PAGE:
~ Training Tips ~


We don't believe that 'training' is something that you do TO your dog, rather something you do together. A two way system that relies on good communication, trust and understanding. If your dog cannot understand your communication how can he truly trust your judgment and when it comes to the crunch will he decide for himself or listen to you? When I first meet a dog I am asking myself is this dog more emotional brained (reactive, relying on innate instincts) or is he logical brained (a thinking being, having been taught to use his brain and take his owner's actions into the equation.) You are training your dog whether you mean to or not by every interaction. Try to be mindful of what effect your own behaviour has on your dog.

''Give your dog a job''

This is our foundation principle. If you don't give your dog something to focus on, he will find his own ideas to expend his energies on. Dogs are really not good at being left to make the household decisions! Their idea of a 'job' is to revert to natural or innate behaviours; guarding, hunting or herding.... 
By being the one that makes the rules and sticking to them, you will earn your dog's respect and loyalty and have a 'good' and well mannered friend.

Reward & Punishment

These two words have very simple meanings, but mostly ignored or not largely understood within the dog-owning community. 
By it's definition a Reward is a something that when applied at the correct time will increase a behaviour. A punishment will act the exact opposite way; decrease a behaviour - cause and effect. 
However just because you think of something as a reward (humans mostly think of food as rewarding for their dogs, the media's fault I think!) doesn't mean your dog considers it a reward/good/interesting. Again the opposite is true; we see owners shouting 'no,no,no,leave,leave,leave,Bob,Bob,Bob' and the dog doesn't even bother to move an ear in their direction. Human thinks shouting is a punishment - dog does not = no change in behaviour, and one frustrated owner.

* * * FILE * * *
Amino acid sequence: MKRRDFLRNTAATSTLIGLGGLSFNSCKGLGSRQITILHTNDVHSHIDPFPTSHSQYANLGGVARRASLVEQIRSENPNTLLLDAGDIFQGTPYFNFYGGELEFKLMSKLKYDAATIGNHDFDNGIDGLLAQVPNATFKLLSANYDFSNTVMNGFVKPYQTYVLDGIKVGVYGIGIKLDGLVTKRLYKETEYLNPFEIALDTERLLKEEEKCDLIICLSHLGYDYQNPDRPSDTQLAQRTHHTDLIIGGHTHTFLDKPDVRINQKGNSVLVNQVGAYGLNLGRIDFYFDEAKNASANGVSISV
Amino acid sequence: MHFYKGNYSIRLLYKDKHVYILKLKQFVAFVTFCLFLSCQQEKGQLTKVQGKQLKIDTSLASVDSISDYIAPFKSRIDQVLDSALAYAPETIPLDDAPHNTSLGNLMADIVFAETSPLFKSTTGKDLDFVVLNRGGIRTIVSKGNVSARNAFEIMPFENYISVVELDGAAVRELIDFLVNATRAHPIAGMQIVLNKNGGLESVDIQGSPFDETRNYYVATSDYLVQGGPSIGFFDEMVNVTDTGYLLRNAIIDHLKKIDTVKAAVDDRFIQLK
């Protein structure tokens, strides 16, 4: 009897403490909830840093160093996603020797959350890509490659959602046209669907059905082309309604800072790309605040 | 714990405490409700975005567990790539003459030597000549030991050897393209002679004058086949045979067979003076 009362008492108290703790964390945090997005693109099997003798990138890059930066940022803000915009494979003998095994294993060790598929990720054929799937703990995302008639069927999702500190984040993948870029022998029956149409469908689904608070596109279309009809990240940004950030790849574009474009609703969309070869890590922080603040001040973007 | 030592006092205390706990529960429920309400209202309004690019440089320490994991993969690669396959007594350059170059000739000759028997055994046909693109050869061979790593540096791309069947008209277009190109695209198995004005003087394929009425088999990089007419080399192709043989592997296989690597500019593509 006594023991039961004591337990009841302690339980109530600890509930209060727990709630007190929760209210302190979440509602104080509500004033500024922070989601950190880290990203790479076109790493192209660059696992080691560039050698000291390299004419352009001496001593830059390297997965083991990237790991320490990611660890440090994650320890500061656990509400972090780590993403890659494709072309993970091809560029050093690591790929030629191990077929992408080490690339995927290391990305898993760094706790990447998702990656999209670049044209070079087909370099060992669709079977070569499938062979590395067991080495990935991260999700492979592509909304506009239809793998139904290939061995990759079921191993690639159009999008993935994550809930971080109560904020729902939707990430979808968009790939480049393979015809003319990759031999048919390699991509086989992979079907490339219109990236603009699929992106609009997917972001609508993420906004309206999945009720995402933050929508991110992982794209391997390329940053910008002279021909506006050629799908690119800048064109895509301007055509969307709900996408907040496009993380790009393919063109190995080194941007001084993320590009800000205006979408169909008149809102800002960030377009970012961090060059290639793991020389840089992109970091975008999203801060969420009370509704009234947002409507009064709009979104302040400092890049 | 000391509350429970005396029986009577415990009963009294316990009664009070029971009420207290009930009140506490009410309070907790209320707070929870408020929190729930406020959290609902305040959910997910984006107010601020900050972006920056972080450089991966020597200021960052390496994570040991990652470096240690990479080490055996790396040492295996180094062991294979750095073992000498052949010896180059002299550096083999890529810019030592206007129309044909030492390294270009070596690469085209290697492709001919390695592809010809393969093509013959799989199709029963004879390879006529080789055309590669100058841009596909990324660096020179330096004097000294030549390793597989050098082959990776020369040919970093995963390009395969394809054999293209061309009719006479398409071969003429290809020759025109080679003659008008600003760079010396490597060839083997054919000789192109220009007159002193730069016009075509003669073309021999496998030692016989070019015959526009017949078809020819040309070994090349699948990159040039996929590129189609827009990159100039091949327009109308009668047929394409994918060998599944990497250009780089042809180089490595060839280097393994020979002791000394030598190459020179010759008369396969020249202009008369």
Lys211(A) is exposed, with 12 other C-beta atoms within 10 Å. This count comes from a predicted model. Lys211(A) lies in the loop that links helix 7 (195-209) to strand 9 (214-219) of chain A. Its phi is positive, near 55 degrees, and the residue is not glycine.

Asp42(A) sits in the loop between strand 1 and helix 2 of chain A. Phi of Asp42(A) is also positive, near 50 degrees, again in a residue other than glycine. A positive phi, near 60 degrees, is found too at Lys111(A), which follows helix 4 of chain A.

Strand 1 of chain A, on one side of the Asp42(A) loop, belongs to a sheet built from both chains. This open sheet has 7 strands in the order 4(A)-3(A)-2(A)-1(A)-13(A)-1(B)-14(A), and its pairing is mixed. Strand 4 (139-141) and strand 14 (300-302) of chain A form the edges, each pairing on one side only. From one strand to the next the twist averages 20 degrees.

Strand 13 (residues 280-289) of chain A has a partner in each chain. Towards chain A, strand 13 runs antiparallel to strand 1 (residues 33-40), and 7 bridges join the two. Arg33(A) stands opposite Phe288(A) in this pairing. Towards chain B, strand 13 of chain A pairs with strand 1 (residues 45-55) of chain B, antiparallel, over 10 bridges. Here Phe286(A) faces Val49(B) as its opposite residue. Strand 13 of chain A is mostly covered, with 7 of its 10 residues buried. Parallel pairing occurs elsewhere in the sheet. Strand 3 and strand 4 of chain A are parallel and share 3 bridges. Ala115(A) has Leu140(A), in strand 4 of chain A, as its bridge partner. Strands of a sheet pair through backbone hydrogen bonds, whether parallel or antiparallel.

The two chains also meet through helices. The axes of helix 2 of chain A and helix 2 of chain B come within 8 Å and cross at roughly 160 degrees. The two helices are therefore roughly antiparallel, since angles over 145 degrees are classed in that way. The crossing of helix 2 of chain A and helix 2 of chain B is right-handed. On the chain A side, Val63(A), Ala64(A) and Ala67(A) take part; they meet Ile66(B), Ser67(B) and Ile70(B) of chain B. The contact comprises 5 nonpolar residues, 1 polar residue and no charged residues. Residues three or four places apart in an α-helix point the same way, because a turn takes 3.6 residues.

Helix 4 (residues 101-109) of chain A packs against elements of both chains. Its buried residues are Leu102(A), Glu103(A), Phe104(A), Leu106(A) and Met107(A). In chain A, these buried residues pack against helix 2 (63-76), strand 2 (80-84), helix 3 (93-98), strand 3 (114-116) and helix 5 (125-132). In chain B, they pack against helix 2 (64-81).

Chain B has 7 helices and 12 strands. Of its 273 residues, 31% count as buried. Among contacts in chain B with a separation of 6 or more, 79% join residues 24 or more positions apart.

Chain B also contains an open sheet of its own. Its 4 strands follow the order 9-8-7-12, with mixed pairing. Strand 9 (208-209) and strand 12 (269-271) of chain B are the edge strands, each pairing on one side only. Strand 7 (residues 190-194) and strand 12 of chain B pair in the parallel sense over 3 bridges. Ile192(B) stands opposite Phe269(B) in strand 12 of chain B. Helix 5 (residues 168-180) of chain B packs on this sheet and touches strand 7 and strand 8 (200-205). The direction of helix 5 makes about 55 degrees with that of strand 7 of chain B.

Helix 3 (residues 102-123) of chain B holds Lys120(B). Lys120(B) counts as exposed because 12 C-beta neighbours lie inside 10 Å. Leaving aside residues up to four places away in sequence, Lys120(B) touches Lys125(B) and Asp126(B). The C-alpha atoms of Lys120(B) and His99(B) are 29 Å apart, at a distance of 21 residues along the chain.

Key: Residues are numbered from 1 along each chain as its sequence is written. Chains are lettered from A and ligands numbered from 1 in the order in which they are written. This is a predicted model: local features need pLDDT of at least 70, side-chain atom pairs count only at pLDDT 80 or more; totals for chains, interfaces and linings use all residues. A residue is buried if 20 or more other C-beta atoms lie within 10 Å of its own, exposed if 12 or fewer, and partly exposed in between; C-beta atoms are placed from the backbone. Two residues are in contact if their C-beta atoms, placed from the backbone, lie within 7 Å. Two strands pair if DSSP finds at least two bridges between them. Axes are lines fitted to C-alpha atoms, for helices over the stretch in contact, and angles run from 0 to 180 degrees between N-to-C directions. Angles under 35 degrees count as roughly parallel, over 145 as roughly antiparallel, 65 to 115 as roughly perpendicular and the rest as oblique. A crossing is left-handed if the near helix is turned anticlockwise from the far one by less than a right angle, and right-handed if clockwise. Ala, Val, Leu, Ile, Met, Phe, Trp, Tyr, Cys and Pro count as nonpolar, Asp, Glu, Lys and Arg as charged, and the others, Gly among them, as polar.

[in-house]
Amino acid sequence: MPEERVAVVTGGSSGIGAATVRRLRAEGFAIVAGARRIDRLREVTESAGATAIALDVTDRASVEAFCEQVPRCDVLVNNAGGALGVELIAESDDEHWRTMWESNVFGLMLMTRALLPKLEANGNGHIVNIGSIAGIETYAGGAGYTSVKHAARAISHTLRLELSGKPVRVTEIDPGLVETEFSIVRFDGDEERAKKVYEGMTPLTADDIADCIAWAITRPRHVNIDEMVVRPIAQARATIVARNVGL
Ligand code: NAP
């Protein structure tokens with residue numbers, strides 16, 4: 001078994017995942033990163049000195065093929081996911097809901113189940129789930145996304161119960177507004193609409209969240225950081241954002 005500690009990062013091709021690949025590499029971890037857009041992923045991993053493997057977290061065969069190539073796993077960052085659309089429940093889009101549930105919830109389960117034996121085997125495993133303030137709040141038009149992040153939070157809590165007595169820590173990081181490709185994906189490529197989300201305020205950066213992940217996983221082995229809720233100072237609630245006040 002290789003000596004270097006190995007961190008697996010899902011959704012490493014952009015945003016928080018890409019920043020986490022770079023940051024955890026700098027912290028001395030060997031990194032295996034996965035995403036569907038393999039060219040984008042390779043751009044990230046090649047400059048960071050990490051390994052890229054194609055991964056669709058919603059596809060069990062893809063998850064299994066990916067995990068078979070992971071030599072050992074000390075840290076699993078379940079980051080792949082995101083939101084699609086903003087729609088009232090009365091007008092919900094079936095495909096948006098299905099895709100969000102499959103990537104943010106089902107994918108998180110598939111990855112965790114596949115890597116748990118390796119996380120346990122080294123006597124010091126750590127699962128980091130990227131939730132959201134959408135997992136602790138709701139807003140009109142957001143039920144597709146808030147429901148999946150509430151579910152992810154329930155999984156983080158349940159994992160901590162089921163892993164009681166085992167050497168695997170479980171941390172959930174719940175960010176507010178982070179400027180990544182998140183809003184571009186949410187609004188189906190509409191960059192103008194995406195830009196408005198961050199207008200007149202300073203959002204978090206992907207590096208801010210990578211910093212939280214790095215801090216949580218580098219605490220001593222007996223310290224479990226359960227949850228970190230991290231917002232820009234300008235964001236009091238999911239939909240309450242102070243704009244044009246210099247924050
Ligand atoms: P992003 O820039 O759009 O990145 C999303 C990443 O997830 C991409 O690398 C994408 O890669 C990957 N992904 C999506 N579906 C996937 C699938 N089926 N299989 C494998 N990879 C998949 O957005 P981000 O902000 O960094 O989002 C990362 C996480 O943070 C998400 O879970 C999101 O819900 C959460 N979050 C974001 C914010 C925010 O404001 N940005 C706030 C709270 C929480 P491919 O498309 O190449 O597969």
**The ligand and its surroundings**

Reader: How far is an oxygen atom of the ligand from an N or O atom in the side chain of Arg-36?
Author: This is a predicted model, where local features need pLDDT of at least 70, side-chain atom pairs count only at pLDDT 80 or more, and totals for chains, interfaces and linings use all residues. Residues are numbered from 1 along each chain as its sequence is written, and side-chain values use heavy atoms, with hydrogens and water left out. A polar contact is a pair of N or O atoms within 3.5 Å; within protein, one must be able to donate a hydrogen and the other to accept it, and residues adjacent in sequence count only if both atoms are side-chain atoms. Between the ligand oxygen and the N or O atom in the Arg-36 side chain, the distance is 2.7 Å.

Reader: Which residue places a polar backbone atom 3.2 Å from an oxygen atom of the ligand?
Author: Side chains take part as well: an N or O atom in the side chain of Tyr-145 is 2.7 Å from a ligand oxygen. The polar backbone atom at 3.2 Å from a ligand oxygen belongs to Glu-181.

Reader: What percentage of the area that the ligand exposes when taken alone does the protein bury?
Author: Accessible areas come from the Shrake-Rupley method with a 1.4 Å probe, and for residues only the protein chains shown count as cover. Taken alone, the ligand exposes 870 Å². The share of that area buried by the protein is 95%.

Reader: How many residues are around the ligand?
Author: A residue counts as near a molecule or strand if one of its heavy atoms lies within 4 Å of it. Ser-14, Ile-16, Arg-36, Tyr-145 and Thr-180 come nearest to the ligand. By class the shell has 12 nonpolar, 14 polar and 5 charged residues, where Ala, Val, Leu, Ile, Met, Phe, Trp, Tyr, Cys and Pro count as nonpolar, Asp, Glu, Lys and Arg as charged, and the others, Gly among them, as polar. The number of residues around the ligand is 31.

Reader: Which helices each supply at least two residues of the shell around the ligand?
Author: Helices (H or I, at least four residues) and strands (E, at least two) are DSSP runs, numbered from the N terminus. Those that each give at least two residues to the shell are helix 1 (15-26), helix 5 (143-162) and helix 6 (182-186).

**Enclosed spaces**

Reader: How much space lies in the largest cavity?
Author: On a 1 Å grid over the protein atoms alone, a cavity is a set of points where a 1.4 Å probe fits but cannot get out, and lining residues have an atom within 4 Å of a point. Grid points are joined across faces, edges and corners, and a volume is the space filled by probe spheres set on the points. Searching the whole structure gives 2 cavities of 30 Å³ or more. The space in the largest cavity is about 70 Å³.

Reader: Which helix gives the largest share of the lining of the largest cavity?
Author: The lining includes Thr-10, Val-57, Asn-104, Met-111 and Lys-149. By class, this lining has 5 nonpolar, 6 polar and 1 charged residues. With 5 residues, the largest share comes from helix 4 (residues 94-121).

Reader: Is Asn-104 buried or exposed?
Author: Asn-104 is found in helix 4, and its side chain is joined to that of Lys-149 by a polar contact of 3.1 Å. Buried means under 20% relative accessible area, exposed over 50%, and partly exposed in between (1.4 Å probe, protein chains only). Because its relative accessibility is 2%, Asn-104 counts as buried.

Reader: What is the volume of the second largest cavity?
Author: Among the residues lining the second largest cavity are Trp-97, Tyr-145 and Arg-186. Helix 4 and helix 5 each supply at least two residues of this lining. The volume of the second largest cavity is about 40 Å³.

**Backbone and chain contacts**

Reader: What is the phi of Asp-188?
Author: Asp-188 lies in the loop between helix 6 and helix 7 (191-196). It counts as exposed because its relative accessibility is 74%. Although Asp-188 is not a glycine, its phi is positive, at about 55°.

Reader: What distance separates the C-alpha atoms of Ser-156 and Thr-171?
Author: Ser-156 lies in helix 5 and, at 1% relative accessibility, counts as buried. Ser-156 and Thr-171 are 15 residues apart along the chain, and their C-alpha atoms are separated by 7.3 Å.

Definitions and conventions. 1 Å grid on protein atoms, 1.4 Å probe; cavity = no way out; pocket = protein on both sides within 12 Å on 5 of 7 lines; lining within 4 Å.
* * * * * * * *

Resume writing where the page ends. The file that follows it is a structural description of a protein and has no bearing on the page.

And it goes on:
''Training is just Structured Play" 

Dogs grow up with or without their owners involvement. If you don't know or are not sure what you want to achieve, then your dog will rely on instinct, i.e. innate/primitive/emotional type behaviours.
It is your responsibility to show him how to best reach his potential and not just leave it to luck - Dogs don't outgrow behaviours, the reverse is true, if your dog doesn't recall or turns it into a game as a pup, then this will become engrained and will be harder to undo as an adult.

''Good Dogs'': Nature v. Nurture (Emotional v. Logical)

2 out of 3 emails we receive will start with; "he's a good dog but... " This is likely to be connected to our own emotional feelings about the animals we own. They are 'good' because we love them, or we have a history with them.
In our opinion a Good Dog is made, not born. We have a responsibility through their environment & experiences; the way we bring them up. We can change their environment and they change their own behaviour to fit with the new rules and boundaries.

Differences in Breeds

Every breed has a genetic makeup that comes from thousands of years of selective breeding (even the new breeds!) Dogs are not just a different colour or coat type or size. They THINK differently too; some are more excited by movement, some by smell, some are naturally vocal, inclined to be extroverted, some like to be warm, some like cuddles some really don't! 
Also be aware that reading books by people who have owned/bred/shown a certain breed for 50 years doesn't necessarily make them an expert in behaviour science. The same applies for other owners who wish to give you advice. What works for their dog may well not work for yours, especially if it is a different breed. 

Interrupt, Refocus, Reward

Studies have shown that if we continue to tell off children over and over without positive stimulation, the child will grow worse in it's behaviour, doing 'bad' things to get attention. I find that an interesting concept to apply to dogs too. 

Let's bring our thought process round in the opposite direction now -  I know it is more work, but it is much more rewarding too. If an undesirable behaviour happens, let's Interrupt it, and Refocus all that energy onto something allowed (like a special tug toy) and Reward that new behaviour.
Let's try to catch good, calm behaviours, then we can make good, calm dogs.

You are what you Eat

This old saying has never been so true when applied to dog food. Read the ingredients label on your dog food. Try to avoid buying products that have 'cereals' and look out for wording like 'meat meal' or 'derivatives' because the questionable meat will have been labelled ''not fit for human consumption''.
Also be aware that treats designed for cleaning teeth are processed and can contain sugar.
I have been feeding a natural, unprocessed diet for over 15 years. If you are interested in diet matters and want to know more, please get in touch.

We all want; a happy companion who is healthy in mind and body